If Amro were a citizen of the country in which he lived, and enjoyed due process, he would have little to fear in a court of law. Unfortunately for him, he will be tried in a military court where the conviction rate exceeds 99%. As the Israeli human rights group B’Tselem reported in 2015, “A Palestinian charged in a military court is as good as convicted.”
This week, four members of Congress — Mark Pocan, Betty McCollum, Earl Blumenauer and Keith Ellison, all Democrats — will circulate a letter to their House colleagues, urging U.S. Secretary of State Rex Tillerson to defend Amro’s “rights to due process, freedom of expression and peaceful protest.”
When I asked an aide how Pocan became interested in Amro’s case, he explained that the Wisconsin congressman had been to Hebron and had seen the conditions there himself. That makes him unusual. The vast majority of members of Congress, in both parties, visit Israel on trips sponsored by the American Israel Public Affairs Committee or other American Jewish organizations that scrupulously avoid showing them Palestinian life under Israeli control. Those members of Congress return to the United States having learned about as much regarding Israel’s occupation of the West Bank as a Swede would learn about relations between African Americans and the police in New York City if she avoided Harlem, Brooklyn and the Bronx.
Pocan and his colleagues are taking a risk. Any day now, they will be attacked as anti-Israel or even anti-Semitic by the kind of American Jews who think that helping Netanyahu imprison Amro is a good way to get in touch with their Jewish identity. It’s crucial that these enablers of injustice not succeed.
The Israeli government is persecuting Amro because it fears him. As Gaby Lasky, Amro’s attorney, explained: “Israel manages very well regarding how to act against violence. They can act violently back and they know how to do it, and how much strength to use. But Israel hasn’t found a good way to fight nonviolence, so this nonviolence really presents a big riddle to the Israeli authorities. So the way they have chosen to treat nonviolence is to incarcerate the leaders to make people uncomfortable or afraid of coming to nonviolent activities because they see what happens to those leaders.”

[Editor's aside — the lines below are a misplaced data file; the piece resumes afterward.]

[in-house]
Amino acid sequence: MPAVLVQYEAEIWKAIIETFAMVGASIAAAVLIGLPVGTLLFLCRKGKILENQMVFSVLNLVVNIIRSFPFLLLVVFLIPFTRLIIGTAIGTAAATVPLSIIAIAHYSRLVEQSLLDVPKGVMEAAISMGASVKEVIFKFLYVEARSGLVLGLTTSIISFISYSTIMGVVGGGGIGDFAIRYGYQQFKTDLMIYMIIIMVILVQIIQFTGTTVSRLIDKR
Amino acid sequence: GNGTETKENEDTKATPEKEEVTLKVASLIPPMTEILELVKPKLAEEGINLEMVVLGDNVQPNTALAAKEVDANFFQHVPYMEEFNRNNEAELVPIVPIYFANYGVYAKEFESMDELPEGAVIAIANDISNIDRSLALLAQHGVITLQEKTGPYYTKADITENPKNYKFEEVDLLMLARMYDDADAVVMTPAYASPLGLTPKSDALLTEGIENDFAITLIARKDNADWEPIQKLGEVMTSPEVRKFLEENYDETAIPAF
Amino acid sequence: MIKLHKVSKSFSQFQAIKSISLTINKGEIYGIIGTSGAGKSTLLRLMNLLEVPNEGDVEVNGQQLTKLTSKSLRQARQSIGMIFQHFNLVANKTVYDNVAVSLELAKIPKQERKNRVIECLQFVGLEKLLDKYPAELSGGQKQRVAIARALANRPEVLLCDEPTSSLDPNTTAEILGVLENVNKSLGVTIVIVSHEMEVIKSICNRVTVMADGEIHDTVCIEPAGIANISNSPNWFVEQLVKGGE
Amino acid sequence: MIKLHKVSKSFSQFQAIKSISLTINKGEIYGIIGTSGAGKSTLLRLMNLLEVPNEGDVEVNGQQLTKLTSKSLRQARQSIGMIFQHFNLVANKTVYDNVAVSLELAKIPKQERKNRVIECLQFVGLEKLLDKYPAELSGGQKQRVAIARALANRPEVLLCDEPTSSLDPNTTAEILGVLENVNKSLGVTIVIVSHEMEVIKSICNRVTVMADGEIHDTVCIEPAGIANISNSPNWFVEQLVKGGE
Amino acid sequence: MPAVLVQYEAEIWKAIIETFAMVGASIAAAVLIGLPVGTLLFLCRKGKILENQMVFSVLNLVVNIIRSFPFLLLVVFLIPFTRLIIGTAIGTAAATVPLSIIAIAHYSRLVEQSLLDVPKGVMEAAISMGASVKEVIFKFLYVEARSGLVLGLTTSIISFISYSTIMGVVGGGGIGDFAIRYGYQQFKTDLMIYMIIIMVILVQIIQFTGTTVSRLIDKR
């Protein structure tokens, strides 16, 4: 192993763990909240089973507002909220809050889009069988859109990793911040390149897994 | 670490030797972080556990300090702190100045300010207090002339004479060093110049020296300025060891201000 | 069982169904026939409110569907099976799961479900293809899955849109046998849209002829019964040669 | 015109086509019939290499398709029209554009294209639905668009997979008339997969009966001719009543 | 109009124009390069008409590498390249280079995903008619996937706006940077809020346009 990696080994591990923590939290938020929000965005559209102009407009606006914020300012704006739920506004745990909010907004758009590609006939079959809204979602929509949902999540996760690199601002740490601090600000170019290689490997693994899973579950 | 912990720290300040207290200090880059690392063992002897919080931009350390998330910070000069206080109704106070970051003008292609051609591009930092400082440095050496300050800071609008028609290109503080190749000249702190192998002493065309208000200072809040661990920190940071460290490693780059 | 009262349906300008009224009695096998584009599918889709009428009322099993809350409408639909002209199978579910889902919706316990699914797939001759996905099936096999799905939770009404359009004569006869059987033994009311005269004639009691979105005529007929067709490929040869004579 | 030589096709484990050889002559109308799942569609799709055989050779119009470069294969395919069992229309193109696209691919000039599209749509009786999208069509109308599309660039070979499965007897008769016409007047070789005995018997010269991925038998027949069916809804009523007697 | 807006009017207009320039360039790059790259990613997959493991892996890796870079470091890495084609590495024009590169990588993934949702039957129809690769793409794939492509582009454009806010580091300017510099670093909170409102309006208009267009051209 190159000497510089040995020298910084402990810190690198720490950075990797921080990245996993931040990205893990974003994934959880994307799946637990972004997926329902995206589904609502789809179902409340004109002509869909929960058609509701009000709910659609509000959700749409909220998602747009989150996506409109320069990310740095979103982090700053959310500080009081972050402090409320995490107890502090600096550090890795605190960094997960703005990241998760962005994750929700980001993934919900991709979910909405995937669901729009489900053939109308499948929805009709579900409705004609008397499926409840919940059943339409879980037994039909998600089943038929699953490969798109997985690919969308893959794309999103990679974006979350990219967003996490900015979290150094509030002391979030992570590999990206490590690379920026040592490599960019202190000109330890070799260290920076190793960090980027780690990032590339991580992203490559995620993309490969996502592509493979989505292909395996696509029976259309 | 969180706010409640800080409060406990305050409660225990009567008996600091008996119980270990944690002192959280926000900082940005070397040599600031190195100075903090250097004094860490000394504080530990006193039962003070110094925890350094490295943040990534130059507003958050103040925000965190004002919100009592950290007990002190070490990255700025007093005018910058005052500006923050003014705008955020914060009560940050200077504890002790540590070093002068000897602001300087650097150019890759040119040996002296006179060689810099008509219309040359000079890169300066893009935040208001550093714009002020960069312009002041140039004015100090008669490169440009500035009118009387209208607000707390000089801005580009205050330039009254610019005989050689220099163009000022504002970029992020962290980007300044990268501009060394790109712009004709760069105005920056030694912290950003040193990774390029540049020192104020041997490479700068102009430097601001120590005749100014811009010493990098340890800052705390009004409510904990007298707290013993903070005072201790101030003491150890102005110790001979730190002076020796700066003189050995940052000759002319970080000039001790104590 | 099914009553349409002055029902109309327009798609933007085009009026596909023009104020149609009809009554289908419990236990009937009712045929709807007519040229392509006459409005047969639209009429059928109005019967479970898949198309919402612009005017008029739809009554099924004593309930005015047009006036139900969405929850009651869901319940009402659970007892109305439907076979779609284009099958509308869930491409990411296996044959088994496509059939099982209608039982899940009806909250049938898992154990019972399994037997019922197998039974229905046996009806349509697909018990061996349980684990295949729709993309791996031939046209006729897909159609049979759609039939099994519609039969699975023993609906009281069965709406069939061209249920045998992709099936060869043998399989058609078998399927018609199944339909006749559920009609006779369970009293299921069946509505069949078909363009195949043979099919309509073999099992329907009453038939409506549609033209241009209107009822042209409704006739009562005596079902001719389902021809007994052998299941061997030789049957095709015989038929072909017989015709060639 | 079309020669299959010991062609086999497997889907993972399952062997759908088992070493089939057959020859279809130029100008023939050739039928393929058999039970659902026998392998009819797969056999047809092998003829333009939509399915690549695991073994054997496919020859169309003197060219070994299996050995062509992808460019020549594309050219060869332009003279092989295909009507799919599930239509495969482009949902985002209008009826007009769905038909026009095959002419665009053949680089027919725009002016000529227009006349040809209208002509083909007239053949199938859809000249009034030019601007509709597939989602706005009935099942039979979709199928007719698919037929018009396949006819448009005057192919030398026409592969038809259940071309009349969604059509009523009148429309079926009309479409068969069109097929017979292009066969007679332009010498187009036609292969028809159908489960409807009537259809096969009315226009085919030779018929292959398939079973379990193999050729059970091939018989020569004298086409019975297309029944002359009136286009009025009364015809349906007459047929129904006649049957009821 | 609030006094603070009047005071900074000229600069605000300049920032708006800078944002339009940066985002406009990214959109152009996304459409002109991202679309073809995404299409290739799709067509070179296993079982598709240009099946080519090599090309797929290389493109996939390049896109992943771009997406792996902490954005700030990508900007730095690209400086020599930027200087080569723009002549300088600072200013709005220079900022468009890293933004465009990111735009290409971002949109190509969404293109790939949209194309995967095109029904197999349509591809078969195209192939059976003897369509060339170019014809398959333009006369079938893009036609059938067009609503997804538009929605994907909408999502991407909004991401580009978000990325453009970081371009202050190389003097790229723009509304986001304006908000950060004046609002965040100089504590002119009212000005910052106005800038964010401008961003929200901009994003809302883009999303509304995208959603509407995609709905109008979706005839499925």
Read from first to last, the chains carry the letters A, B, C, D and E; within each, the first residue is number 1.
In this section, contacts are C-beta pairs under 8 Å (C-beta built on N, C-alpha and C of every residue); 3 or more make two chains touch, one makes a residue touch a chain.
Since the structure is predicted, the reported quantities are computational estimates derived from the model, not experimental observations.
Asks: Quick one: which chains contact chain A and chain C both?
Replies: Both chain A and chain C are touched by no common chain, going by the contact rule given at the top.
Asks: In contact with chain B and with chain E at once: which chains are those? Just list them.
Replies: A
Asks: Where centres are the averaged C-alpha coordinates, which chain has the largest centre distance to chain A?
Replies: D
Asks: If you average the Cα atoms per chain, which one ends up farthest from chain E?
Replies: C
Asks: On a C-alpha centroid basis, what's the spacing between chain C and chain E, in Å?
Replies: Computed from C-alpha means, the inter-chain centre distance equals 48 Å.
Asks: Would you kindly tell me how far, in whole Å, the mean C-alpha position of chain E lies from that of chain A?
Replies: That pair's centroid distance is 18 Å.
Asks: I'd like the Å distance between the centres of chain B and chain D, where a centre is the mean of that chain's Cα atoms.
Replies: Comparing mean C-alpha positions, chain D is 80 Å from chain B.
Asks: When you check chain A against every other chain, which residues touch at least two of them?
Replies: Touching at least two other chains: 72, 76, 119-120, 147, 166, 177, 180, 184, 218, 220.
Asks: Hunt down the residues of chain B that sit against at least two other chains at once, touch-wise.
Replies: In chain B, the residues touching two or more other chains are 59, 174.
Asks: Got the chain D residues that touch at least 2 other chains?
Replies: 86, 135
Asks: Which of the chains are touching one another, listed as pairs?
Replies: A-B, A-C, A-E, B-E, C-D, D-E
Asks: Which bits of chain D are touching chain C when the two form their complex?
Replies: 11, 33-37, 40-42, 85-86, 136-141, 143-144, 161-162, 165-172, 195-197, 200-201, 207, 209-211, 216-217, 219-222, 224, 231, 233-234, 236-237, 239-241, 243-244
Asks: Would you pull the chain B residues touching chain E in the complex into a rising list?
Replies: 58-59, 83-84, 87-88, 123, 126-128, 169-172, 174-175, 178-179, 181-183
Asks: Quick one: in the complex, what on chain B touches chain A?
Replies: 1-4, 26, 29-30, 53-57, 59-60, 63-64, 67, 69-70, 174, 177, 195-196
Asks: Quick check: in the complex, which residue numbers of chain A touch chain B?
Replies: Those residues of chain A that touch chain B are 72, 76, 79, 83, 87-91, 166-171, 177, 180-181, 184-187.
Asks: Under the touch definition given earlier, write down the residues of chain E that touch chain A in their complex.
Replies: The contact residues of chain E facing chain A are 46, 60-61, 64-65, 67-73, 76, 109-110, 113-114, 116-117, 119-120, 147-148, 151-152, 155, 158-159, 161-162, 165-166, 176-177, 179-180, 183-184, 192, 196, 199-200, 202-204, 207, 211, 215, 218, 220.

“They don’t want civil disobedience because it’s the best methodology to defeat them,” Amro said.
Amro represents hope. Not the fake, saccharine hope of Trump trying to broker the “ultimate deal” to a conflict he doesn’t even understand, but the real hope that comes when brave, decent people fight oppression without hating their oppressors.
If Amro survives the effort to silence him, that hope survives. If he loses, Israel loses, too, because it will have convinced the next trembling 18-year-old Palestinian girl with a knife that there is no other way.
Peter Beinart is a Forward senior columnist and contributing editor. Listen to his podcast “Fault Lines” with Danny Gordis here or on iTunes.
Peter Beinart is a Senior Columnist at The Forward and Associate Professor of Journalism and Political Science at the City University of New York. He is also a Contributor to The Atlantic and a CNN Political Commentator.